What I didn't know was just how much more attractive Mars is than other destinations within the Solar System. The book is in this respect amazing. Filled with facts Zubrin demonstrates not just how expenses can be massively cut back; why we don't need NASA's highly expensive "monster plans"; but also how necessary it is to travel to Mars and how much human civilization will gain by doing so.

If you are interested in space travel and the future I strongly urge you to buy and read this book.
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on 10 December 2013
An excellent introduction - if a little optimistic given the current state of technology. I like the view that we can get there for $50 billion.

However, he makes a good case for why we need to get to Mars. It is written very much from the perpective of why America needs this and is currently the only country which can get there. But even the updated version does not take account of the fact that the USA could probably not make the attempt given the financial state of that country.

The only way it will happen though is via another space race - as in the race to the Moon where money was no object. The only way that will happen is after the Chinese annex the Moon in the late 2020s.

That may wake up America but I somewhat doubt it. The Red Planet will eventually be the Yellow one.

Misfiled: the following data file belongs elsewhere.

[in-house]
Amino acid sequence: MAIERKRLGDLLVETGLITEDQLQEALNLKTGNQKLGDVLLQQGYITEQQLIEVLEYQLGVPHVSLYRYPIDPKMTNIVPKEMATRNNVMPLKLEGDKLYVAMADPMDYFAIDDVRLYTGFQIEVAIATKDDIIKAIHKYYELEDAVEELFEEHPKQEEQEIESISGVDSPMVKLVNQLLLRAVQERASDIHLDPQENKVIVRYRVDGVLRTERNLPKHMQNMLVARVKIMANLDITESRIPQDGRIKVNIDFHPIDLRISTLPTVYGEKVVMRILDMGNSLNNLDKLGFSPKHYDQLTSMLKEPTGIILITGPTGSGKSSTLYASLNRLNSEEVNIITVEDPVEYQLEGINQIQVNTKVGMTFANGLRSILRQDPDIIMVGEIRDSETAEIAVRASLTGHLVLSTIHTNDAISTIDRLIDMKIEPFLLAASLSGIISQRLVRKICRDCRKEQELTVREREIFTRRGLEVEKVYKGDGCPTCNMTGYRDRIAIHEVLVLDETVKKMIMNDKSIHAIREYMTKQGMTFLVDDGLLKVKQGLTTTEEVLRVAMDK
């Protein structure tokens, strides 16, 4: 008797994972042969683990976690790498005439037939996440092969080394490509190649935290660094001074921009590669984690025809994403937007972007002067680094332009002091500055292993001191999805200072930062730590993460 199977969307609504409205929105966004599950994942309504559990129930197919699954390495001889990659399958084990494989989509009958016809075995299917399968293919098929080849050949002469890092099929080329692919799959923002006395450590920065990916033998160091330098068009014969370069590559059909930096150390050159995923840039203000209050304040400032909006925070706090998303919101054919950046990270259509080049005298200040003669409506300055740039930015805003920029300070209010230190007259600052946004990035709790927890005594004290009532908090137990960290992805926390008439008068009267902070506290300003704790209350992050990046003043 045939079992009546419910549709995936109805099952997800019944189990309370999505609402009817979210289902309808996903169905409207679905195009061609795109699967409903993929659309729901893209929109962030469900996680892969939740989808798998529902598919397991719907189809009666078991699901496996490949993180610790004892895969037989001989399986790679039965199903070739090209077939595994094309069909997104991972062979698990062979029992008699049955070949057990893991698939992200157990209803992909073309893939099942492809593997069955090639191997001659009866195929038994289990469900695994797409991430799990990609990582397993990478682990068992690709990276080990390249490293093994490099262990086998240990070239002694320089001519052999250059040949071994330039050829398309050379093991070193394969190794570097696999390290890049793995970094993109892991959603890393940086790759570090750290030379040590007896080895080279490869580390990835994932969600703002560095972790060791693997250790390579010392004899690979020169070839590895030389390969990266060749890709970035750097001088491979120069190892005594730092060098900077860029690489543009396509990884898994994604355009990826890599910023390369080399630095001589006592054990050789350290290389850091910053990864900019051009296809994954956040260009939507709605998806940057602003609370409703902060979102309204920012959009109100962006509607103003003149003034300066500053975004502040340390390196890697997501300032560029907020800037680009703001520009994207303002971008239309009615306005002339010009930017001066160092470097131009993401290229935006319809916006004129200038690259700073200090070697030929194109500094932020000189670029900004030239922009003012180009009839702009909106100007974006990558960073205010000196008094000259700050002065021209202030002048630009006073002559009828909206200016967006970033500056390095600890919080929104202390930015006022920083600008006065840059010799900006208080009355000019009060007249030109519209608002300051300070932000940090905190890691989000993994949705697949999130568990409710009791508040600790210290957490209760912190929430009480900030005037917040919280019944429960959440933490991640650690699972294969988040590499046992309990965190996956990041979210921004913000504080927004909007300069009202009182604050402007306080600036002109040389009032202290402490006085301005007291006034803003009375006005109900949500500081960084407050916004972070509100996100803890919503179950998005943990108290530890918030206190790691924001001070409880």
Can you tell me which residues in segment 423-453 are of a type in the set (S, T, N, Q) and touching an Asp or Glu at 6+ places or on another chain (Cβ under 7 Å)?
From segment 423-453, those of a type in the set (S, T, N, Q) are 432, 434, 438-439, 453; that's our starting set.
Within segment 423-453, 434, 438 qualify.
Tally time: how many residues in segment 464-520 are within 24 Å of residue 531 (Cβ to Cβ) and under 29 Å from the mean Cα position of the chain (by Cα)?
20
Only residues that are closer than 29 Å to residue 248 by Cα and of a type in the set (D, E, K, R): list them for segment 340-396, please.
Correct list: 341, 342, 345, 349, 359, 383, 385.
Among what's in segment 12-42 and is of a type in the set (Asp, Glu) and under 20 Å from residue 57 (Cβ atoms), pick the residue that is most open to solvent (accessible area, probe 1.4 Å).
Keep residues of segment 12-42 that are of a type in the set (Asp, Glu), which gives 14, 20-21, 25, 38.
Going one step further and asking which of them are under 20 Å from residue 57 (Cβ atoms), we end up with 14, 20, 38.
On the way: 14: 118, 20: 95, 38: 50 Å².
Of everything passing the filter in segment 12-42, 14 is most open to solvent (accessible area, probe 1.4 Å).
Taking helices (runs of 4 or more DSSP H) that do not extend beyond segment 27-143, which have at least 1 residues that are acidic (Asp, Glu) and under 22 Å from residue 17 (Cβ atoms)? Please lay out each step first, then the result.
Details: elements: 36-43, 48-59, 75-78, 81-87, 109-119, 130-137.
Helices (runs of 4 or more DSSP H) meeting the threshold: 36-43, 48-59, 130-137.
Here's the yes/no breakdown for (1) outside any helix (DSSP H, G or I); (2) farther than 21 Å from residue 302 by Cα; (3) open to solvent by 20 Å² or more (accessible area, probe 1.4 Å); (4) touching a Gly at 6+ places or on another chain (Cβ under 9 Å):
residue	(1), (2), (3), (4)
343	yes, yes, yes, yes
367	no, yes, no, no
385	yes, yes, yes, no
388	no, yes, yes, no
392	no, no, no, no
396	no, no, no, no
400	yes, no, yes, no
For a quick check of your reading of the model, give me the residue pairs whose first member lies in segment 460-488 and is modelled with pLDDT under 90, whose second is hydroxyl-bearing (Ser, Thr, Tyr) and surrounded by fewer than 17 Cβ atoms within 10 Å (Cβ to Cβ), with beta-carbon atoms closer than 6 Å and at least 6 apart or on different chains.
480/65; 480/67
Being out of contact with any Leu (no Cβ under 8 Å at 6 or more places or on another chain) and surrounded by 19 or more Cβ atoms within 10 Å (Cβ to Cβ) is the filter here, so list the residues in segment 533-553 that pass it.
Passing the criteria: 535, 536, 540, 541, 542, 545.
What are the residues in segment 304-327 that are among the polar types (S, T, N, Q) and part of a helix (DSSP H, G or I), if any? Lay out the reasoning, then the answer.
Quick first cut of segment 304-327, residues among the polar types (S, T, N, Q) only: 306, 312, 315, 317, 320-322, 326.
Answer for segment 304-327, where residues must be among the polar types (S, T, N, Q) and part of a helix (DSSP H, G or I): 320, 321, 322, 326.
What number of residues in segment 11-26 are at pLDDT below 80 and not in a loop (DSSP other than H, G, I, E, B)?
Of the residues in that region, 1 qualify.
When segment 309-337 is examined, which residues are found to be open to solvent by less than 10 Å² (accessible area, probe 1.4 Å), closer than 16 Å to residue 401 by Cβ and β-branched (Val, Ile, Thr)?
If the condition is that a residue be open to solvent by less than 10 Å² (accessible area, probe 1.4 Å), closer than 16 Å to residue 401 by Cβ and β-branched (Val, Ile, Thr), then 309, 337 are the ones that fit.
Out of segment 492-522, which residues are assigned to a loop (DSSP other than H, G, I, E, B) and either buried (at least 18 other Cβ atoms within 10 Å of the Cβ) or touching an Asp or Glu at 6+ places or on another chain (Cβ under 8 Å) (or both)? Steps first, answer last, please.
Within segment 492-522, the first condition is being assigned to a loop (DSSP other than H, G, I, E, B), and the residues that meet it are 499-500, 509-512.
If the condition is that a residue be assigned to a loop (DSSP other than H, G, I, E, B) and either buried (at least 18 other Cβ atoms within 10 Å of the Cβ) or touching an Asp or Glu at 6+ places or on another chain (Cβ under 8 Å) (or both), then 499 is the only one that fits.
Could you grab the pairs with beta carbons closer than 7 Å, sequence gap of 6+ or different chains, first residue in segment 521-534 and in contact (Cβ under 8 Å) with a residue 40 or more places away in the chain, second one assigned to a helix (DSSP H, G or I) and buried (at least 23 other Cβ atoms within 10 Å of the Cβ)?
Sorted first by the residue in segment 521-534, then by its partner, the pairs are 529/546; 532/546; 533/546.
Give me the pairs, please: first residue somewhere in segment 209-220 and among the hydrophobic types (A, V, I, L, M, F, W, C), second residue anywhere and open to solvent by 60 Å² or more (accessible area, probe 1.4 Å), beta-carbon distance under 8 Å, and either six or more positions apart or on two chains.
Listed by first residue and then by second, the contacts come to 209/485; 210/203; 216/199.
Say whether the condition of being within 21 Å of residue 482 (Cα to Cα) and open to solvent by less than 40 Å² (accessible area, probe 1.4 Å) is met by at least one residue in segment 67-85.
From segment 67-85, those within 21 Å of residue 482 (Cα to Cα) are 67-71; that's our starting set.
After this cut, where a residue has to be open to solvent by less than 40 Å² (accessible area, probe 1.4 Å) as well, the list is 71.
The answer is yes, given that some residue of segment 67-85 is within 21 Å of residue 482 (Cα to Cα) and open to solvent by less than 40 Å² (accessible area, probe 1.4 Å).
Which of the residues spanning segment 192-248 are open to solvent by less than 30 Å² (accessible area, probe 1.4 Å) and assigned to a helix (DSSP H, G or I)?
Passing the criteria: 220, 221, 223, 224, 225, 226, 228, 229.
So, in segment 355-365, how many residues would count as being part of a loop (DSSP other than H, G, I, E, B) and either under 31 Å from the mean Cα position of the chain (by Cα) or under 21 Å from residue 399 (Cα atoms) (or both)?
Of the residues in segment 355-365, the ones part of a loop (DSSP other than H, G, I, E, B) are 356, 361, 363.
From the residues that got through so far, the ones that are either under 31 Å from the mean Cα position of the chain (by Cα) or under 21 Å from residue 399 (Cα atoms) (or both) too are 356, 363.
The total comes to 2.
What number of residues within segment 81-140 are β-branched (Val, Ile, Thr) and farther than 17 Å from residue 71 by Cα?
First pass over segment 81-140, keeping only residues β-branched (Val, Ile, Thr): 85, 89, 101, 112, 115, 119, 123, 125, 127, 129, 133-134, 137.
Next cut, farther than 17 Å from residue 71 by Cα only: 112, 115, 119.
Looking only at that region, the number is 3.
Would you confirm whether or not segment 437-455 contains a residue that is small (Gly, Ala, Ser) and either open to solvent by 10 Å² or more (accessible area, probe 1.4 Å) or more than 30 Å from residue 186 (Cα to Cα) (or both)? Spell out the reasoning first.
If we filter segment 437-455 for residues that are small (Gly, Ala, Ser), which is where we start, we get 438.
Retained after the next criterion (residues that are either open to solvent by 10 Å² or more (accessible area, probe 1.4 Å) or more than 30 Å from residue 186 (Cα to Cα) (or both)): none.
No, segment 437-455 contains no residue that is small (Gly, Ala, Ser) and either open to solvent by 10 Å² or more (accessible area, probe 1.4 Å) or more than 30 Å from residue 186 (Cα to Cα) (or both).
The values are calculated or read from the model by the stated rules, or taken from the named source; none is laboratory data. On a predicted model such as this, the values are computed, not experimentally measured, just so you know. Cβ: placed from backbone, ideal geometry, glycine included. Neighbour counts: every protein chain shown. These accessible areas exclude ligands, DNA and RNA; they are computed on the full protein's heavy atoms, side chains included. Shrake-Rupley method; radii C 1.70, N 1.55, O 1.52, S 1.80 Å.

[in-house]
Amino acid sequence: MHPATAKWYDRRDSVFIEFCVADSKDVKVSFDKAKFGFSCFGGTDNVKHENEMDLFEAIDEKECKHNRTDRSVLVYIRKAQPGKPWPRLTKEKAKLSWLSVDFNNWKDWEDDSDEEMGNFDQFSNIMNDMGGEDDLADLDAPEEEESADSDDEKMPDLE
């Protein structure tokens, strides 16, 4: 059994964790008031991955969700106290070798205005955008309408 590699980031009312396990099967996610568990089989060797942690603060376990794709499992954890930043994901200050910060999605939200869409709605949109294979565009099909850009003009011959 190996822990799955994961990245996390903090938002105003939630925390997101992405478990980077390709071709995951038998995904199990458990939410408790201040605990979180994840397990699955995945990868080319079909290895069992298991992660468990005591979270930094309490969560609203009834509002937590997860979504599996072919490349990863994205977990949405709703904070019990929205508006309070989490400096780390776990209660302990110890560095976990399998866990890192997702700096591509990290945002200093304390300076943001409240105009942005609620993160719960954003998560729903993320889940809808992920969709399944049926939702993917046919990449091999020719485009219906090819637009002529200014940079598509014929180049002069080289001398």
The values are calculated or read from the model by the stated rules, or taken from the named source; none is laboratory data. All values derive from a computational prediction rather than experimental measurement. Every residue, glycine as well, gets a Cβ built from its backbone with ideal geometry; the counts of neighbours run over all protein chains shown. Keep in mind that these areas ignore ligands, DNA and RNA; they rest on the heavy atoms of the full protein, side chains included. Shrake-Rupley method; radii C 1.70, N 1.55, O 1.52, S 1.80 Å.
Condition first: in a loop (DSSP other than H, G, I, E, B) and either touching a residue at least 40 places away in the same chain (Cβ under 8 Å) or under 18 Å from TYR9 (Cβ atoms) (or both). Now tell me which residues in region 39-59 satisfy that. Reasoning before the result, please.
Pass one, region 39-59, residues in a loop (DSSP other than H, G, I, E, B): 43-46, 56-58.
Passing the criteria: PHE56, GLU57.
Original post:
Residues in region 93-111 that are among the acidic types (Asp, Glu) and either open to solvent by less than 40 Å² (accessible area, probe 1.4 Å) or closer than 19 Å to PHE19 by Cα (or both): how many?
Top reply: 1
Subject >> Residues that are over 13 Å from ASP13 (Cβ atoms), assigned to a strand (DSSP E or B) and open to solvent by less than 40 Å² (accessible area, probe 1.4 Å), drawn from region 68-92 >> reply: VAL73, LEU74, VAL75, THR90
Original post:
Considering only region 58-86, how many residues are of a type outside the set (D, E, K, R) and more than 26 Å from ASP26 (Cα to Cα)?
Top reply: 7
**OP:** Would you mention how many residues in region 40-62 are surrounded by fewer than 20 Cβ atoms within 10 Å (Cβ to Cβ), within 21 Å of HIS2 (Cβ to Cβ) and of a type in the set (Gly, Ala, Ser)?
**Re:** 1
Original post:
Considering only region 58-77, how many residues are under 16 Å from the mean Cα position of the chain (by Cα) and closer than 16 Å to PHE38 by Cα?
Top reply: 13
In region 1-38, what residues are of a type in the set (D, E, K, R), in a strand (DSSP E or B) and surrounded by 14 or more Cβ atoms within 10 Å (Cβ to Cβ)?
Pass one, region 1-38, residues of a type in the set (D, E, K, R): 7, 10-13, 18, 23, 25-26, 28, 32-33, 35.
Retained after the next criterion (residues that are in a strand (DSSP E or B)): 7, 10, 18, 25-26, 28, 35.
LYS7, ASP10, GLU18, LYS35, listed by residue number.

The book is a little technical in parts but not to a degree where the average person could not follow the reasoning or understand what is being said. The tone can be somewhat 'evangelical' but he believes what he is saying so can be forgiven.
2 people found this helpful
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on 25 February 2014
Written by Robert Zubrin. A very detailed technical treatise on the mission details for the Direct Mars proposition.
Classic scientific handbook on how to get to Mars without having to spend billions of dollars and wait another twenty years for NASA to wake their ideas up and actually achieve something worthwhile !
For people who are really into space travel, and colonization, and who have the necessary interest and intelligence to understand the book in it`s widest scope.
Thoroughly good read and full of common sense and accurate calculation.
Recommended to all those who pass the minimum criteria of paragraph three !
P.Andrews
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on 9 December 2014
Now this makes for a very, very interesting read. If you have an interest in astronomy and like me have been questioning why aren't we colonising Mars then read this book.

It completely contradicts those doubtors who insist that due to thin atmosphere and relatively low gravity we should be trying to colonise the hot enough to boil lead Venus instead.
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on 27 March 2013
An excellent guide to the means of settling on Mars, but gets a bit long-winded in the second part of the book when dealing with American space politics over the last 50 years. Whilst the author has made a terrific and persistent effort to push Mars colonisation onto the American space agenda it may be left to the likes of "Mars One" to turn the dream into reality in the near future. Nevertheless it is full of information as to how the dream could be implemented.
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on 22 November 2016
Excellent
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on 27 March 2018
OK.
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on 13 November 2016
Brilliant insight, mr zubrin is a genius!
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on 27 August 2013
If you have an interest into anything astronomy or sci-fi then this is a must read. It will however leave you with the question, why are we not doing this?